Major General James P. Wolfe (2 January 1727 – 13 September 1759) was a British Army officer, remembered chiefly for his victory over the French in Canada.
The outbreak of the Seven Years’ War in 1756 led the British Prime Minister William Pitt to appoint him second-in-command of an expedition to capture Louisbourg. Following the success of this operation he was made commander of a force designated to sail up the Saint Lawrence River to capture Quebec. After a lengthy naval siege Wolfe managed to take 3 divisions of British Infantry up the almost unscaleable cliffs of The Heights of Abraham during the night of the 12th September 1759 to confront a French force under general Louis-Joseph de Montcalm at dawn of the next day – three lines of red-coats in exact formation with their backs to the cliffs and nowhere to go but forwards.
The battle was brief and decisive and allowed the British forces to capture the city of Quebec. Wolfe was killed at the height of the battle due to injuries from three musket balls.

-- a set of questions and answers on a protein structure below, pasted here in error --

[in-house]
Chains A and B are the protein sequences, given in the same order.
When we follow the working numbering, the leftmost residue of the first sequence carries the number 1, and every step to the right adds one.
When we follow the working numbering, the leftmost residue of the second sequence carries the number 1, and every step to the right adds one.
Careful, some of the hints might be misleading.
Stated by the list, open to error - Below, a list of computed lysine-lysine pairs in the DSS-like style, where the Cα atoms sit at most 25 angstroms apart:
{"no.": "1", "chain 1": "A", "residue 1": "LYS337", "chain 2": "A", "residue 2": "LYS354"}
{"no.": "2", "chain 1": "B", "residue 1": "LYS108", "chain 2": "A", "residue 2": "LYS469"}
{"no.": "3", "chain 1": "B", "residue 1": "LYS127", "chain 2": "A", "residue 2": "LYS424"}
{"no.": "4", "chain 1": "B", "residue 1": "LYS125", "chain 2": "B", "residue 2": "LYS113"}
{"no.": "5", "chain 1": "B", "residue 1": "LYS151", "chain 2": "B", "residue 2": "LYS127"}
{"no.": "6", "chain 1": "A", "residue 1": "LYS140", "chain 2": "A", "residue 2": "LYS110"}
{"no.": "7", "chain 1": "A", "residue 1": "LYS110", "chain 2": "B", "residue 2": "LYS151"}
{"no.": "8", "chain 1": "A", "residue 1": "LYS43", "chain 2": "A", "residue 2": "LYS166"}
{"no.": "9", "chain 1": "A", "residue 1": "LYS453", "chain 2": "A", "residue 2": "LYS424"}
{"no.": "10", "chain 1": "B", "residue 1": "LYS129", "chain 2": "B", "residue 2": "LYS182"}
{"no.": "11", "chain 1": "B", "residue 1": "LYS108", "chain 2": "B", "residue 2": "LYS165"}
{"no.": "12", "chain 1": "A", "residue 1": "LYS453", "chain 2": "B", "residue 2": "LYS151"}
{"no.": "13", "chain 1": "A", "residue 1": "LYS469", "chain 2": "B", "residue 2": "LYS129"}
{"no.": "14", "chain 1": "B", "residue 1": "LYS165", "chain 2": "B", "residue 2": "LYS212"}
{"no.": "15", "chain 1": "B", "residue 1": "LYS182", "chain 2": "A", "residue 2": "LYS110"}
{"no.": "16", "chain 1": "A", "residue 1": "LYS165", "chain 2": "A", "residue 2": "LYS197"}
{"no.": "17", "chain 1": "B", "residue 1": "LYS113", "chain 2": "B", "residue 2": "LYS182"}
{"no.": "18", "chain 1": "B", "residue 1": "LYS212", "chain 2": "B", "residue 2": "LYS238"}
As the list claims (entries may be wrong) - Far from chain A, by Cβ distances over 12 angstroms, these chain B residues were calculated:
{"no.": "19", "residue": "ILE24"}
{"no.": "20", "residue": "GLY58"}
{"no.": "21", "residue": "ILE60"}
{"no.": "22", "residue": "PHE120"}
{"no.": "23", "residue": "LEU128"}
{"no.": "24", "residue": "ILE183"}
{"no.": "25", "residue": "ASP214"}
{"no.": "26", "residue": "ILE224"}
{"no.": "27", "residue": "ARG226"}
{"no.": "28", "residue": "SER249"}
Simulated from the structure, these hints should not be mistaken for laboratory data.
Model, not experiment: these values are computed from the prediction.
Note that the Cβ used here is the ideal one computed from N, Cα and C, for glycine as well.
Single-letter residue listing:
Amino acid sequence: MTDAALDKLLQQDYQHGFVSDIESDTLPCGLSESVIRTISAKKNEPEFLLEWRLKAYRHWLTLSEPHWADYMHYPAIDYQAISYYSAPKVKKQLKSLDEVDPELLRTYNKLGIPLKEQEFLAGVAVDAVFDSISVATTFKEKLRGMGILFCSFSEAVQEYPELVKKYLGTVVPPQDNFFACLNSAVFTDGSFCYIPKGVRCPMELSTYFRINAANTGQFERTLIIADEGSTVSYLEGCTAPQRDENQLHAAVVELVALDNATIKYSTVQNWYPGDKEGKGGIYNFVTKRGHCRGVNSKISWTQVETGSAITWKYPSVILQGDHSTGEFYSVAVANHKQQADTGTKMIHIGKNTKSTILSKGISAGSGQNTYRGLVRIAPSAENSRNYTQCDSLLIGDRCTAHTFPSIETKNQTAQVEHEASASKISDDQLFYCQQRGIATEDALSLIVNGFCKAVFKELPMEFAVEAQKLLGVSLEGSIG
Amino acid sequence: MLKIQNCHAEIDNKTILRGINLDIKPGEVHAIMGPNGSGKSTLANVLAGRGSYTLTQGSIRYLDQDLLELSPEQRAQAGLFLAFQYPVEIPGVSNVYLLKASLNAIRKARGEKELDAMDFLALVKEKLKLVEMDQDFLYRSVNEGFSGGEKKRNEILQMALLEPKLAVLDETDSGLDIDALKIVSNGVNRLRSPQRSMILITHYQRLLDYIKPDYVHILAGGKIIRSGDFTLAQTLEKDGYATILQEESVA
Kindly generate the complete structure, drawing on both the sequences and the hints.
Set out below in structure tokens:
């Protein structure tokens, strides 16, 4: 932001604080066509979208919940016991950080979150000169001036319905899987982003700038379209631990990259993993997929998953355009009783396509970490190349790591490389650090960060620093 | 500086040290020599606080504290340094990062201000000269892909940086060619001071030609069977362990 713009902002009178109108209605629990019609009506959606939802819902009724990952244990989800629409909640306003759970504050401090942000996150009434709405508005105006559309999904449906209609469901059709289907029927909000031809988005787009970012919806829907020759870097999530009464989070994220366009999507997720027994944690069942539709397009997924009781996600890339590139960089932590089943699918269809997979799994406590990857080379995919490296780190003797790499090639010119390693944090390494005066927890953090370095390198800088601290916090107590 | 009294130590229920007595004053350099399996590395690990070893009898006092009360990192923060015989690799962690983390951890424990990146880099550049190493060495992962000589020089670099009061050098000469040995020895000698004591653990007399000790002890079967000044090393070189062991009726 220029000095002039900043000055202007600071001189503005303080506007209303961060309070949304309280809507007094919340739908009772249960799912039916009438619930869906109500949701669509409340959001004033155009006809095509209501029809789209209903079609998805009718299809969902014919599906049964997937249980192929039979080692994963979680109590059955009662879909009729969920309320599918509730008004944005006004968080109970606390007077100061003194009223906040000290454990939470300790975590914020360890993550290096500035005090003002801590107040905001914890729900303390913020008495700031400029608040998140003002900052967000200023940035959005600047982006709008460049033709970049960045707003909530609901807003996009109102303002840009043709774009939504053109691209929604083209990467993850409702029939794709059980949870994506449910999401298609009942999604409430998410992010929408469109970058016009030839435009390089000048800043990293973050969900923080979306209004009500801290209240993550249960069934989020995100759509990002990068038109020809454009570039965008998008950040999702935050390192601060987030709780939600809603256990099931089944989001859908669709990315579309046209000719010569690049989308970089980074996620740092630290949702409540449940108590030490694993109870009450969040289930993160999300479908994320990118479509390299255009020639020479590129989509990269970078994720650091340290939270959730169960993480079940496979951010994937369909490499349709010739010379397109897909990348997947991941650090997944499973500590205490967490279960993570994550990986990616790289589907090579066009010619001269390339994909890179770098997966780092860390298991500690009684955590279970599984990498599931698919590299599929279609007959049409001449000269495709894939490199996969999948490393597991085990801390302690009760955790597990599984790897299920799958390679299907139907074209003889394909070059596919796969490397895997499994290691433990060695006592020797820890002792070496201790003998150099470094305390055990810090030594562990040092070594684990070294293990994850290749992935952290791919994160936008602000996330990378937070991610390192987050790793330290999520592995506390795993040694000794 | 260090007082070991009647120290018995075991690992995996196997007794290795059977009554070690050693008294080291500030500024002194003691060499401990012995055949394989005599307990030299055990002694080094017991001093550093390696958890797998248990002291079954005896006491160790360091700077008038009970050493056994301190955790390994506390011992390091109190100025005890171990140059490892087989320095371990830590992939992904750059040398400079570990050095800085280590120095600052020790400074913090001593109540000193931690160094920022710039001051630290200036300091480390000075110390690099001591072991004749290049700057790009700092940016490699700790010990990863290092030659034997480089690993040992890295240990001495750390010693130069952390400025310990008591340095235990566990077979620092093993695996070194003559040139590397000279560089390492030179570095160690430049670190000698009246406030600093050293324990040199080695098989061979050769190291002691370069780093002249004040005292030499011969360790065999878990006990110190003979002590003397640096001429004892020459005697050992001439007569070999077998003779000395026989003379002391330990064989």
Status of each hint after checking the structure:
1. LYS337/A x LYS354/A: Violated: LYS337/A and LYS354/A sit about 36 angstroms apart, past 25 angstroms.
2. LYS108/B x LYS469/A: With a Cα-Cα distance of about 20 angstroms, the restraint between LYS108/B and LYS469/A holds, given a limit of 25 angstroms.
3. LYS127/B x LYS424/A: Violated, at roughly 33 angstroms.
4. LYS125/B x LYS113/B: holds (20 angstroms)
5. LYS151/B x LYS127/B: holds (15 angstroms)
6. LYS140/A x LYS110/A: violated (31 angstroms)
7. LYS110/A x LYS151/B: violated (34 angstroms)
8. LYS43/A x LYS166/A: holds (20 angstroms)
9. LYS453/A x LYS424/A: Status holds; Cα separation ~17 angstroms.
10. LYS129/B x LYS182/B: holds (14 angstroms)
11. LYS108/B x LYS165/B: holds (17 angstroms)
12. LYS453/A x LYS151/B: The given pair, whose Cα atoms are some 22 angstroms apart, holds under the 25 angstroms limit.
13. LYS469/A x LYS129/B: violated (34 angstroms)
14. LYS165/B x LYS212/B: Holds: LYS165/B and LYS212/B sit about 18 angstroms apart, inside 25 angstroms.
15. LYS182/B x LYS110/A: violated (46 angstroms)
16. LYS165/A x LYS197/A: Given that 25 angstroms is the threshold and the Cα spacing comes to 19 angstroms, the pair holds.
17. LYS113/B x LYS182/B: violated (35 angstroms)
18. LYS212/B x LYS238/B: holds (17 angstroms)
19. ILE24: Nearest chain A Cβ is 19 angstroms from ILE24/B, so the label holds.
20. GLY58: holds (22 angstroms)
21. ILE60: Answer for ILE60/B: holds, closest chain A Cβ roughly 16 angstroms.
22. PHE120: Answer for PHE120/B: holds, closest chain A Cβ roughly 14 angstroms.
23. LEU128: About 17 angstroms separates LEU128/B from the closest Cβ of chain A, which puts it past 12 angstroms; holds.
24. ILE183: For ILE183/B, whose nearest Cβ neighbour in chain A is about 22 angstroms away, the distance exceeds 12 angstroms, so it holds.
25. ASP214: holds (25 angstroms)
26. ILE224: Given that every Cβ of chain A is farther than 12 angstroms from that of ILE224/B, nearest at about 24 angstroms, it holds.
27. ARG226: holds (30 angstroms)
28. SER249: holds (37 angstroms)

What (for a professional soldier at that time) a heroic and sublime death!
A perfect subject for an 11-year-old boy to read about two centuries later in the school library to activate his historical imagination:
To complete the picture while waiting, anxiously pacing the deck of the flagship of the besieging squadron moored at the head of Saint Lawrence River, the young general was fond of quoting from a contemporary poet (Thomas Gray) Elegy Written in a Country Church Yard:
The boast of heraldry, the pomp of power,
And all that beauty, all that wealth e’er gave,
Awaits alike th’ inevitable hour:-
The paths of glory lead but to the grave.